• scanner.fatal(msg) - throw an error indicating a problem at pos

Even though performs a substring operation, it should be considered fast and O(1), because all known JavaScript runtimes in use have constant-time substring. It would be possible, but extremely clumsy, to avoid such a substring operation while performing the usual business of a parser, which is to try to match a regex anchored at a particular index.

Functions that take scanners generally have three possible outcomes:

  • Success: Advance scanner.pos and return some truthy value
  • Failure: Leave scanner.pos alone and return null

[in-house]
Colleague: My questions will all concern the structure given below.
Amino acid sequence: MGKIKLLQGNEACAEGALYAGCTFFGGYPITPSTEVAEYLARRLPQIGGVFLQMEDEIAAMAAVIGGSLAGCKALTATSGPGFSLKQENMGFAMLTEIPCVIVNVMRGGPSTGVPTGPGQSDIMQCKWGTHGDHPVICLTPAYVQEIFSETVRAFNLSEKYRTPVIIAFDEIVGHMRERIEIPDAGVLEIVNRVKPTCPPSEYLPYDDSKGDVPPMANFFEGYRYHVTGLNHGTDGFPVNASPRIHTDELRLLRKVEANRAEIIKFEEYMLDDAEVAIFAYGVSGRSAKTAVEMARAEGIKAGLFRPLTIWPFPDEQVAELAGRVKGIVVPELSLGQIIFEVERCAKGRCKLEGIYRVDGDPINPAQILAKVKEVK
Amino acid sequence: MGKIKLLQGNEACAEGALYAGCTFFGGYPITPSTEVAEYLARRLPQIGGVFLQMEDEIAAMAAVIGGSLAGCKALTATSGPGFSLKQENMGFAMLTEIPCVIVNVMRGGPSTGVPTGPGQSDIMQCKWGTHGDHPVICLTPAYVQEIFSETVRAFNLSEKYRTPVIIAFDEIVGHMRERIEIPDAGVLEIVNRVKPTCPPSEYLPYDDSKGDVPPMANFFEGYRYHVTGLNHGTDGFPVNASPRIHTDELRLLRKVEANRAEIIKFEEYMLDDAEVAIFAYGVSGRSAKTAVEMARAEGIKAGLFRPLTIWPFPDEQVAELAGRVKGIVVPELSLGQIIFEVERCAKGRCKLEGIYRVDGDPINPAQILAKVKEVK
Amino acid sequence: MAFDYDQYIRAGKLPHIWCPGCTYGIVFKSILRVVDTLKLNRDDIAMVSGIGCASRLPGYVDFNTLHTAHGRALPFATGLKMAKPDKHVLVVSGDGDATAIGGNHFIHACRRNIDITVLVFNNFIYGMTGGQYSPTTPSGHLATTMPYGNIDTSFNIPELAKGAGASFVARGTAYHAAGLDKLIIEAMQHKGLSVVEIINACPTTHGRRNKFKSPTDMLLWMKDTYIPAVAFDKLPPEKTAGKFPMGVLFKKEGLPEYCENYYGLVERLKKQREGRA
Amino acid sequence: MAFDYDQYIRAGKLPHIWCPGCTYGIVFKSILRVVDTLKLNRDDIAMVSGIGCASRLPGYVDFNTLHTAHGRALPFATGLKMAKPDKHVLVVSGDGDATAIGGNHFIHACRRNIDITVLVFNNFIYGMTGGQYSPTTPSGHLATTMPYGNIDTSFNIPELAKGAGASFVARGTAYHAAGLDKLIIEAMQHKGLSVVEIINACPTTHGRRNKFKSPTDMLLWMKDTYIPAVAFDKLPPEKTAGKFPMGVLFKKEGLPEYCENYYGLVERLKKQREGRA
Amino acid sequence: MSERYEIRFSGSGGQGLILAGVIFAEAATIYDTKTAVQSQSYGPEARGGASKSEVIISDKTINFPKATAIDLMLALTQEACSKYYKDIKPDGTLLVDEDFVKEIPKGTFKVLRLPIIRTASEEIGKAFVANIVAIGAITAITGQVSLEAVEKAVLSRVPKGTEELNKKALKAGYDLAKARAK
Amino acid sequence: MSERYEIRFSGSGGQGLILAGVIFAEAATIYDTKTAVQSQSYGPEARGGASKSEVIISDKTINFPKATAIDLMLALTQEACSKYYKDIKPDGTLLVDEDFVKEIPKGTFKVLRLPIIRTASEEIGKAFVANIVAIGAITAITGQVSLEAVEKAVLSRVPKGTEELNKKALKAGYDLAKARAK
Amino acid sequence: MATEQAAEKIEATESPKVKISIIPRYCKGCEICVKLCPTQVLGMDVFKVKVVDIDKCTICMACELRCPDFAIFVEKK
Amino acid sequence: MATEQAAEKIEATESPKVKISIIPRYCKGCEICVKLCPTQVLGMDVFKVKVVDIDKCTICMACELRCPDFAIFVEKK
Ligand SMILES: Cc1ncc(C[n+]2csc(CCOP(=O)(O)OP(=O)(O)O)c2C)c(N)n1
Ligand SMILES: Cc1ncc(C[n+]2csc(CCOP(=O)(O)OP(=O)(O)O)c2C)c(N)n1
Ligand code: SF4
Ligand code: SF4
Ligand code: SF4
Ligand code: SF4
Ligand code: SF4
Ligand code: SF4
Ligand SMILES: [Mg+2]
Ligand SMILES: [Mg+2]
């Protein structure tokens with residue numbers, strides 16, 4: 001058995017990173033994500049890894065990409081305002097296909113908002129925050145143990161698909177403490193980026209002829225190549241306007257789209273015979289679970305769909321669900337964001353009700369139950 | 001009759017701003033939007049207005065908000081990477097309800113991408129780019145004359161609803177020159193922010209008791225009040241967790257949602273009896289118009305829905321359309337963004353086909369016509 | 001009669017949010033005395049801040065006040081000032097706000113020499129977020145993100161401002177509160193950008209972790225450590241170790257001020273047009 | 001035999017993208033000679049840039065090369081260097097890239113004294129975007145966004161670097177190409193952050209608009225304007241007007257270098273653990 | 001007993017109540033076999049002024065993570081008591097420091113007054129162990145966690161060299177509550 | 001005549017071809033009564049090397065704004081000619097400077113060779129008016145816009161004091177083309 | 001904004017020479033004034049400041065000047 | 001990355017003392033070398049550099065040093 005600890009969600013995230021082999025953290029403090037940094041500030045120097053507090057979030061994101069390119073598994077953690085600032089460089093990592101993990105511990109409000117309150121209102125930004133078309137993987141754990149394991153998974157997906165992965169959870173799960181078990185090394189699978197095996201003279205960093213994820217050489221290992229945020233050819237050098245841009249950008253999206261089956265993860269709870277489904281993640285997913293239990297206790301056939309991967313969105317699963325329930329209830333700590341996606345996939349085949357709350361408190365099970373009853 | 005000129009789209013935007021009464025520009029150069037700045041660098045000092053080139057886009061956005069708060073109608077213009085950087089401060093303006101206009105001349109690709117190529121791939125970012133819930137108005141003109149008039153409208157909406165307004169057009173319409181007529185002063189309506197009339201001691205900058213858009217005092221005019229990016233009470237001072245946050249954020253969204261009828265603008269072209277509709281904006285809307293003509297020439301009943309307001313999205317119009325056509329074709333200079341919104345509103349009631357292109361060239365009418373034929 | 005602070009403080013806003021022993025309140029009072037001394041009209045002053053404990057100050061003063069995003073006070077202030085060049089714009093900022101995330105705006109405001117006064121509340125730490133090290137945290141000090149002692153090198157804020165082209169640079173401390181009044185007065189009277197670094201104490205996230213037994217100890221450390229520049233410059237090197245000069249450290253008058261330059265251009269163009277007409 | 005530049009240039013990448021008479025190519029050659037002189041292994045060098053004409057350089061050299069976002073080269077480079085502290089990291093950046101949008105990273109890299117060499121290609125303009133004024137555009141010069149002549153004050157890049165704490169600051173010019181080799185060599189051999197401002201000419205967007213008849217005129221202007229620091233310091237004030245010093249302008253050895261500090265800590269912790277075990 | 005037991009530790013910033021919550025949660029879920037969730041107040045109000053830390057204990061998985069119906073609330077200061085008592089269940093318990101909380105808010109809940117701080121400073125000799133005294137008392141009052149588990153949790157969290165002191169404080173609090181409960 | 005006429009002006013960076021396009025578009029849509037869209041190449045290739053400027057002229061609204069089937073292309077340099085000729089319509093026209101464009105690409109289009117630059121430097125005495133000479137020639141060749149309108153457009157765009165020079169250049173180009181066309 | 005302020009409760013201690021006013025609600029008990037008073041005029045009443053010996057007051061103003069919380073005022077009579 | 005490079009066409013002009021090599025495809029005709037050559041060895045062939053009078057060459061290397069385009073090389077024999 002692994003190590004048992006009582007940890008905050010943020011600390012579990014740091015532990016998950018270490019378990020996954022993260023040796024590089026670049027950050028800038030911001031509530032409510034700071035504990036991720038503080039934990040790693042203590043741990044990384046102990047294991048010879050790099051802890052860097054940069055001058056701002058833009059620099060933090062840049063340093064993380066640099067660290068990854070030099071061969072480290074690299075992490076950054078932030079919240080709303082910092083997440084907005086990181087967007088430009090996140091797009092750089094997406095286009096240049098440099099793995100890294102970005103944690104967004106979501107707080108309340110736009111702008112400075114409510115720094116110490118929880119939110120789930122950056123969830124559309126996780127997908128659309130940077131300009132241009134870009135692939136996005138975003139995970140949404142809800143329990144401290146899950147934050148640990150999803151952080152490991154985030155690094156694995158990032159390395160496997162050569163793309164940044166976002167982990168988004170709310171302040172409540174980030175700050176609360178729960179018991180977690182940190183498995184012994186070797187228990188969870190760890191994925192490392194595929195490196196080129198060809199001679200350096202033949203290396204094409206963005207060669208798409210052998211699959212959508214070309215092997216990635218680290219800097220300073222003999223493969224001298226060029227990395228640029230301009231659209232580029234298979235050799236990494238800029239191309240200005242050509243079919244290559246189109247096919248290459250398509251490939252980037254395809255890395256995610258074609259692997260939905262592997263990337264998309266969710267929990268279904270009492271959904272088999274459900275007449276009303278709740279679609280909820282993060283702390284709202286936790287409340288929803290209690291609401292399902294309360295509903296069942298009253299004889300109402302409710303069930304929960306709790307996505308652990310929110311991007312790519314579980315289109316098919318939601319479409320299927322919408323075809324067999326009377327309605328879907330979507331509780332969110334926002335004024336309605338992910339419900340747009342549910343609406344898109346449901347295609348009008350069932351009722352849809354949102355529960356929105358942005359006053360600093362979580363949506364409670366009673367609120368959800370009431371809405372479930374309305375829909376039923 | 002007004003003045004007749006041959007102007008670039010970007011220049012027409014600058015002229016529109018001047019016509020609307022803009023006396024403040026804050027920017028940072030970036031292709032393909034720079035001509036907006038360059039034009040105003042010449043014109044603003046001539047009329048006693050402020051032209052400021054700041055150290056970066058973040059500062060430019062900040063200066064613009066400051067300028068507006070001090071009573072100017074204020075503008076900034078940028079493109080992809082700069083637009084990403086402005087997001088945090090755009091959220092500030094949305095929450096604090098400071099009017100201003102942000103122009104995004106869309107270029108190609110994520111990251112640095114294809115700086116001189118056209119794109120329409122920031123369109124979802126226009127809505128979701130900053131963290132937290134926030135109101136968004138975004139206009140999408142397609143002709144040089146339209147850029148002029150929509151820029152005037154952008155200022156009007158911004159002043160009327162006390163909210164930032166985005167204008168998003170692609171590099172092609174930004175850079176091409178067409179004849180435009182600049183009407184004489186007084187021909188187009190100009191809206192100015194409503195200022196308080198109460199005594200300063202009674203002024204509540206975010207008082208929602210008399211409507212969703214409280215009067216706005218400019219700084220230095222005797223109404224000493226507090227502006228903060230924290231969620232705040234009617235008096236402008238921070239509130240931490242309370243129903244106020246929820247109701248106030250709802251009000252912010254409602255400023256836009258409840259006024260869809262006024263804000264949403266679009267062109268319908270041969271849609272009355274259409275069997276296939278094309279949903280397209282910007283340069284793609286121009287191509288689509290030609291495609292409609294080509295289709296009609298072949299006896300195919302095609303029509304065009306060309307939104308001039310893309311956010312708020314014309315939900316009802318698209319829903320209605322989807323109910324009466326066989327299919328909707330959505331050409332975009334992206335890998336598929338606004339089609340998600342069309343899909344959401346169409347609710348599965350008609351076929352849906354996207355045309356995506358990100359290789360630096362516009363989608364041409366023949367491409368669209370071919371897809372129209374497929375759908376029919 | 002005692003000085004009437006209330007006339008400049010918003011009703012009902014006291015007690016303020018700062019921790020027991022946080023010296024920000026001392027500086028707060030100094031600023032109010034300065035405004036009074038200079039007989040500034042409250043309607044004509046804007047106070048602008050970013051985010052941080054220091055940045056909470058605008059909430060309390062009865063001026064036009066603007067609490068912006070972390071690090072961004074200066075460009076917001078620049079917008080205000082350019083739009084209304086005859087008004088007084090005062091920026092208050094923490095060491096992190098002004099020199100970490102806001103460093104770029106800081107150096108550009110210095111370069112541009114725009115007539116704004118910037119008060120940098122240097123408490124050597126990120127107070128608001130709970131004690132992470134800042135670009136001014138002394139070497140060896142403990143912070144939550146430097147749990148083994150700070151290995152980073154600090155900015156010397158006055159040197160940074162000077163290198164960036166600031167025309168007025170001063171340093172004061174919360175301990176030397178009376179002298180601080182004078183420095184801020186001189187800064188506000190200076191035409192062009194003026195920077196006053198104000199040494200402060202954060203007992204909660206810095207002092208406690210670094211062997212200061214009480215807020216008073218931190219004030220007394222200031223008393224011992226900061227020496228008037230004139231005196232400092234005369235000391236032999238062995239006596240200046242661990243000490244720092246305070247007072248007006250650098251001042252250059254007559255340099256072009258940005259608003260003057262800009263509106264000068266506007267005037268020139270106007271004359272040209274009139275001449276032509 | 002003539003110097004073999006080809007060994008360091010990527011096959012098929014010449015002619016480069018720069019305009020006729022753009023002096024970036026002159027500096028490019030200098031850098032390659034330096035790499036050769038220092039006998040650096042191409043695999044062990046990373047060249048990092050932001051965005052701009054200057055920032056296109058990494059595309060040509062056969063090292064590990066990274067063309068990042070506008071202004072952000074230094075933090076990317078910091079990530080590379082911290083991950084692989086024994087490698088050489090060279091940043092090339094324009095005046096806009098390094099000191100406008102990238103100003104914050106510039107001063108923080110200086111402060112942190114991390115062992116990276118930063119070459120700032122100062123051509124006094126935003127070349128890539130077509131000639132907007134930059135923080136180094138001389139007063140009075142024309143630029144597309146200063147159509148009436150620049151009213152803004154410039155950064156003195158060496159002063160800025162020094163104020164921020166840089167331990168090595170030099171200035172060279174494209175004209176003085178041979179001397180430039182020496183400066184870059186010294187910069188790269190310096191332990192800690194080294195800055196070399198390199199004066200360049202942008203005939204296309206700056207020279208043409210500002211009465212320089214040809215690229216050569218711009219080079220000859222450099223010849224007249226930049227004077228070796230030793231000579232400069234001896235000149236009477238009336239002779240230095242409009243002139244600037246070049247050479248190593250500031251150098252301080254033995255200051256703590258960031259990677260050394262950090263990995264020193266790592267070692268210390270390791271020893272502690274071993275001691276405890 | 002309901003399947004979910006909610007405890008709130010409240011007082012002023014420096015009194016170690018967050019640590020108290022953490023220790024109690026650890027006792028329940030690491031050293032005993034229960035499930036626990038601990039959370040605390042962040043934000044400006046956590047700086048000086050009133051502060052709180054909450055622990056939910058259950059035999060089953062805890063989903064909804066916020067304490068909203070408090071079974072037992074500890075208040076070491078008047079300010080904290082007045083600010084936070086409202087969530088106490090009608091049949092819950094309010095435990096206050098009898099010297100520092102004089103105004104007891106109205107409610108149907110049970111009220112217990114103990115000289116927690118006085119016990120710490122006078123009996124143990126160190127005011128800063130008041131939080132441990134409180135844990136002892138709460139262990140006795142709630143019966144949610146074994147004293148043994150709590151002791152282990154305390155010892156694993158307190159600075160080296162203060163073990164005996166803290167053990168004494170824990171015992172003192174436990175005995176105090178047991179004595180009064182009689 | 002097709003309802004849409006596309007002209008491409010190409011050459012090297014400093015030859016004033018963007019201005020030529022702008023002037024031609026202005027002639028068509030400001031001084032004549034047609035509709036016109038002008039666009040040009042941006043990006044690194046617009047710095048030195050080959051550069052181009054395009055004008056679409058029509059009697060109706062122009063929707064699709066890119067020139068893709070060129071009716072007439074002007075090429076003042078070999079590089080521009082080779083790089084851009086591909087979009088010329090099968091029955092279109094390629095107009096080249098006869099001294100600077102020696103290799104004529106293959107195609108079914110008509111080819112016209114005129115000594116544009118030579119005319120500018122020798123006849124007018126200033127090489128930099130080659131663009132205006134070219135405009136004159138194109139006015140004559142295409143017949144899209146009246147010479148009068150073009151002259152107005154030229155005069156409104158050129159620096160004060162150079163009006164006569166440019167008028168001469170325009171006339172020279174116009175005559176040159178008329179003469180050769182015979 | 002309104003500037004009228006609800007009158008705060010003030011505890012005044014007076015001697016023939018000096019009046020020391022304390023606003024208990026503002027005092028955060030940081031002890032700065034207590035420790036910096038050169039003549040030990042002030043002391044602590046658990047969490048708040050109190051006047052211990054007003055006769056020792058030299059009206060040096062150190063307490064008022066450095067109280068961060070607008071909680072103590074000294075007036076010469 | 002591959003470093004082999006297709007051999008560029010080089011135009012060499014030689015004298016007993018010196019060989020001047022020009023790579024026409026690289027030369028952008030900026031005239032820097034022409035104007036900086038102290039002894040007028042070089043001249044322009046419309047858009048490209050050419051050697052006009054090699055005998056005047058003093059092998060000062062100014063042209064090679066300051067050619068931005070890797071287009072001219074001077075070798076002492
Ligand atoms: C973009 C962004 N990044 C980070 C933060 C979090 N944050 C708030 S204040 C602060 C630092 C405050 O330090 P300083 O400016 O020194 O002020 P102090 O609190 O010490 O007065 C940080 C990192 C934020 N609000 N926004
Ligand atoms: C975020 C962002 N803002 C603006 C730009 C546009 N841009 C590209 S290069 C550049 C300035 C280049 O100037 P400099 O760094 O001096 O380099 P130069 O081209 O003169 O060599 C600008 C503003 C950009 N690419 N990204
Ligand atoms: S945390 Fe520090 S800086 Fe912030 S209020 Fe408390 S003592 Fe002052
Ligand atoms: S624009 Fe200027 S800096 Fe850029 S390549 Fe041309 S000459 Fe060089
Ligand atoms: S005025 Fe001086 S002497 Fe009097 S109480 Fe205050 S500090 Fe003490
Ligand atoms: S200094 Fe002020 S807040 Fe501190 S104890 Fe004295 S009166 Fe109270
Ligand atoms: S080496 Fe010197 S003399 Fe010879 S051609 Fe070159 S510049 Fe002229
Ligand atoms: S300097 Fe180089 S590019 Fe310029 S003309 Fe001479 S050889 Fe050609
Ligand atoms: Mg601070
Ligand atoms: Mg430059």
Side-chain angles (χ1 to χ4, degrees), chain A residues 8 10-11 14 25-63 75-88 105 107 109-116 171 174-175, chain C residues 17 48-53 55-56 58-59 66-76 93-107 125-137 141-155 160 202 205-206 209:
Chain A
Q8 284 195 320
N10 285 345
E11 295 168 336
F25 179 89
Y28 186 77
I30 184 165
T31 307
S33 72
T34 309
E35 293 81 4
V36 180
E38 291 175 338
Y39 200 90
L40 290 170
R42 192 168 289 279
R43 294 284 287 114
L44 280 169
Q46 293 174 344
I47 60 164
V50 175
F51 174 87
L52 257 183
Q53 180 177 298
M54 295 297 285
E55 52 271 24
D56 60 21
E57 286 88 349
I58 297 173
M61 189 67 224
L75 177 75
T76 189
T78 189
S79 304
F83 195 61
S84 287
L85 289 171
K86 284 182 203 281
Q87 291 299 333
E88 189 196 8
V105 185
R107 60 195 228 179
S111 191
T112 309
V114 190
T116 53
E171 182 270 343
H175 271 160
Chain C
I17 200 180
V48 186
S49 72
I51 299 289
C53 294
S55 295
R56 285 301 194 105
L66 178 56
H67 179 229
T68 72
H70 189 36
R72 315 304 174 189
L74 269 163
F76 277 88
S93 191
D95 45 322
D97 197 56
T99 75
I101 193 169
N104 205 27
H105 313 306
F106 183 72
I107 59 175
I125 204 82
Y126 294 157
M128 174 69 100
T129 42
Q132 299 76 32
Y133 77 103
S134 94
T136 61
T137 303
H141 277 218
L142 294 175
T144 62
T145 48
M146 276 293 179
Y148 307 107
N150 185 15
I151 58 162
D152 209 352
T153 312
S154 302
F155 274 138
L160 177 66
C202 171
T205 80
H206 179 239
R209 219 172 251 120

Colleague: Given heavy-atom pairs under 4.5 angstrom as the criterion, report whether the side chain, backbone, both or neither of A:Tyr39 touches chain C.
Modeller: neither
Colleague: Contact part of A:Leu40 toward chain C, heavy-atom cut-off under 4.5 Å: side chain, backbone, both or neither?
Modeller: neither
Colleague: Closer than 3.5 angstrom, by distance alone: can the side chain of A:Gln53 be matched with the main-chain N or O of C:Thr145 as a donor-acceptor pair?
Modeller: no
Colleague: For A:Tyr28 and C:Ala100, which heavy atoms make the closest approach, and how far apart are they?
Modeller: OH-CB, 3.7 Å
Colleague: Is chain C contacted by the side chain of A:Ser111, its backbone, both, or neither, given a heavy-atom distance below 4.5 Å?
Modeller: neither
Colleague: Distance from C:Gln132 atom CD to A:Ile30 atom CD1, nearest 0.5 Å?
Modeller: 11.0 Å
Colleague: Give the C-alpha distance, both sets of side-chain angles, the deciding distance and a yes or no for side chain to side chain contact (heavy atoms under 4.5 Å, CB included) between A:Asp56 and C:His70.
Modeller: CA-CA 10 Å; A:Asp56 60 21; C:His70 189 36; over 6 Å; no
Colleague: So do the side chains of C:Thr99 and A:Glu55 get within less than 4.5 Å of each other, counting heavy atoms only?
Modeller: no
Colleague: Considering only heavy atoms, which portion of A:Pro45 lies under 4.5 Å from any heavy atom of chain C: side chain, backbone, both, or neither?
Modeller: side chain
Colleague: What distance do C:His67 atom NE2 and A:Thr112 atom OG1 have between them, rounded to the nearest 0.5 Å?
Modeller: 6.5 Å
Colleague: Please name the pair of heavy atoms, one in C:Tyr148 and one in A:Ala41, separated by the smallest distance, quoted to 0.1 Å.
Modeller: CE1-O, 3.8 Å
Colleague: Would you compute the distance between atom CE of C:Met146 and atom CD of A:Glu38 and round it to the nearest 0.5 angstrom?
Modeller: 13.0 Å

• Fatal: Throw an exception via scanner.fatal

It's particularly important that in the Failure case, the function restores the scanner to the state it found it. This makes it possible to immediately try another parse function when one fails and form alternations such as foo(scanner) || bar(scanner).

It's often easiest to avoid the Failure case altogether, writing parse functions that always succeed or throw. This requires less bookkeeping and leads to good error messages. A Failure case may be added if it is simple to check for up front and makes the function easier to use in an alternation. We say a function has "committed" or "will succeed or fail fatally trying" when it has reached a point where it must return a value or throw. Any parse function that has moved the scanner position and not remembered the original position is necessarily committed. Usually, committing is completely natural in the context of the language being parsed; for example, {{ in a template always starts a template tag or throws an error about a malformed template tag.

HTML Dialect